Meet Aurelio the Armadillo

Aurelio is a nine-banded long-nosed armadillo we met in our garden one April evening just before sunset. He seemed unafraid of us, and let us photograph him for fifteen minutes before lumbering off.

Aurelio, a nocturnal feeder, had been spotted a few times after dark two or three days earlier, insouciantly clattering down our rock stairs in his amazing Samurai-style suit of armor, which is actually ossified, but on this particular evening he clocked in for work before dark to allow us a leisurely gander at him in the fading daylight.


“Armadillo” is a Spanish word meaning “little armoredone.”  The nine-banded, long-nosed variety, less familiarly known as Dasypus novemcinctus, is the most widespread exemplar of the genus, found in North, Central and South America, but mainly in the semitropical and tropical regions thereof, as it has both a poor thermoregulatory system and a crummy metabolism, making it difficult to maintain its body temperature in cool or cold climes.

Its body temperature is lower than that of other placental mammals, which allows it to host Hansen’s bacillus, a.k.a. Mycobacterium lepræ, the causative microbe of leprosy, a bacillus that’s so finicky that it has thwarted every effort to grow it in the laboratory, but it’s happy as a clam when introduced to an armadillo.

But not to give M. leprae too nasty a rap sheet, it seems that Europeans gave the disease to Aurelio’s forebears in the last 400 years or so, and not vice-versa, as scientific studies have shown without any doubt that no leprosy existed in New World armadillos before Columbus set foot in the New World…

Armadillos are a leading source of the 150-250 new leprosy cases each year in the United States. I haven’t seen any statistics for Mexico, but the fragility of Mycobacterium lepræ once they abandon the armadillo is such that far more than casual contact is needed to contract the disease. Leprosy is not as contagious as, say, pneumonic plague or even the common cold. But the disease is patient, if anything.It’s estimated that as many as one-third of Americans infected with M. lepræ either hunt armadillos or handle or consume armadillo meat, which supposedly tastes like pork, not the obligatory “chicken” that everything else wild and odd tastes like. Whether like pork or like chicken, it’s unlikely that Armadillo Bourguignon, Armadillo Amandine or Armadillo Burgers will be on Colibri’s dinner menu any time soon.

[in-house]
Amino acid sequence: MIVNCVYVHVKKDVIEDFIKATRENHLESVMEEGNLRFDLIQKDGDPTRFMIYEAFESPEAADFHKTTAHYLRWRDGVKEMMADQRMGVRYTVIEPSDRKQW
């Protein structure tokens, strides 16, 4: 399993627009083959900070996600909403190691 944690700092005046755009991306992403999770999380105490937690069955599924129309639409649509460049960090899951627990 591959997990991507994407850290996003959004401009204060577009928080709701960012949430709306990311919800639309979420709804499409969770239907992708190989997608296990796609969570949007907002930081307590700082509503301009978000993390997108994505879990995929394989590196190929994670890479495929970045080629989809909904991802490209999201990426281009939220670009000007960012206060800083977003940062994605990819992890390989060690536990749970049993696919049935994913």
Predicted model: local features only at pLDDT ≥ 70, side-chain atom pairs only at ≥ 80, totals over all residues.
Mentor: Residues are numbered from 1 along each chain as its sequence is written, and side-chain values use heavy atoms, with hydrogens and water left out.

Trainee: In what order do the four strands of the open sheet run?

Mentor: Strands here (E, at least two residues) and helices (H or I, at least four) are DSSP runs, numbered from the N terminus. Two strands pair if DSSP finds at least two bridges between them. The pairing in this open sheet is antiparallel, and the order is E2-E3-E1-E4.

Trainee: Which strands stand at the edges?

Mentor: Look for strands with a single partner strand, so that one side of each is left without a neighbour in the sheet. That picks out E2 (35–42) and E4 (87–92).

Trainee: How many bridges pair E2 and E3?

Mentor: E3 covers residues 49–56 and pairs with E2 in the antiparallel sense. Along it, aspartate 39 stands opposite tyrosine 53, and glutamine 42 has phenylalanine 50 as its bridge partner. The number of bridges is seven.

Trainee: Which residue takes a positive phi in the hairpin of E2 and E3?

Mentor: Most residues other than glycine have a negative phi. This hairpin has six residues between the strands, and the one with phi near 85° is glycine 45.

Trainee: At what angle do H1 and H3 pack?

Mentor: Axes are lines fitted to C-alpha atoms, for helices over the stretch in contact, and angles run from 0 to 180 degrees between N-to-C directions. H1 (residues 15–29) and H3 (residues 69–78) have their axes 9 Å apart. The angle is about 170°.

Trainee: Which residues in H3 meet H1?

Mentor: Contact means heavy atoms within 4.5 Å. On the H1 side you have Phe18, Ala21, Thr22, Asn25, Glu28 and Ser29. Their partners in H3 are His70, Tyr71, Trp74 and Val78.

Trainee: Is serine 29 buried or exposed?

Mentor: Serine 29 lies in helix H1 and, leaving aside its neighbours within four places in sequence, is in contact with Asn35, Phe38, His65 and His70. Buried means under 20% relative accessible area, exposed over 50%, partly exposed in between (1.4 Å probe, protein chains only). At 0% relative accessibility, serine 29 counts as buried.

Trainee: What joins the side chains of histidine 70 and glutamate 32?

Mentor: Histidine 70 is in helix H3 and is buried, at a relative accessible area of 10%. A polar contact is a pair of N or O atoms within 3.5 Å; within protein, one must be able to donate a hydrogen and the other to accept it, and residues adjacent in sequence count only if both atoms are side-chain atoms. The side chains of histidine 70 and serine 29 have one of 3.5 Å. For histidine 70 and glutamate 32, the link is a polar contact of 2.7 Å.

On a slightly less morbid note, here are a few perhaps more sanguine factoids about armadillos, with apologies to the squeamish:

•    Armadillos have powerful, clawed front feet, meant for digging in search of grubs and insects. They also have sticky tongues, like anteaters and aardvarks, and have a predilection for termites, which are a real scourge. Termites can gobble up your three-by-twelve roof beams in a couple of years, reducing them to the structural strength of a wet sponge, whereupon your roof collapses.

•    At Punta el Custodio, armadillos destroy the roots of some plants, killing them, not because they eat the roots, but because the roots are collateral damage in the armadillos’ relentless hunt for insects, worms, larvae and grubs.

•    Armadillos never give birth except to four identical quadruplets at once (no more and no fewer) – all from the same egg and all hooked up to the same placenta. No other mammal can make this extraordinary statement!

•    Armadillos are good swimmers; they gulp air into their intestines to make themselves buoyant (otherwise they’d sink like a torpedoed ironclad), and, in shallow water they can walk along the bottom for up to six minutes on a single breath, slurping up larvae.

•    Armadillos may give birth up to two years after being inseminated, as the female can put off implantation of the all-important, quadruplet-destined fertilized egg during lean times, implanting it only when the gravy train looks like it’s barreling down the tracks again. For this reason, paternity suits are virtually unheard of among armadillos.

•    An armadillo does not roll himself up into a ball to escape predators. His tough armor plate is usually sufficient, and, when not, he can bury himself rather quickly with his powerful front feet. Armadillos are such good burrowers, in fact, that they have up to a dozen burrows they hang out in from one day to the next, sort of like having a house in New York, London, Paris, Biarritz, Palm Springs, Aruba, Wilkes Barre, Tuba City and other elegant venues. This makes the armadillo a sophisticated cosmopolitan critter.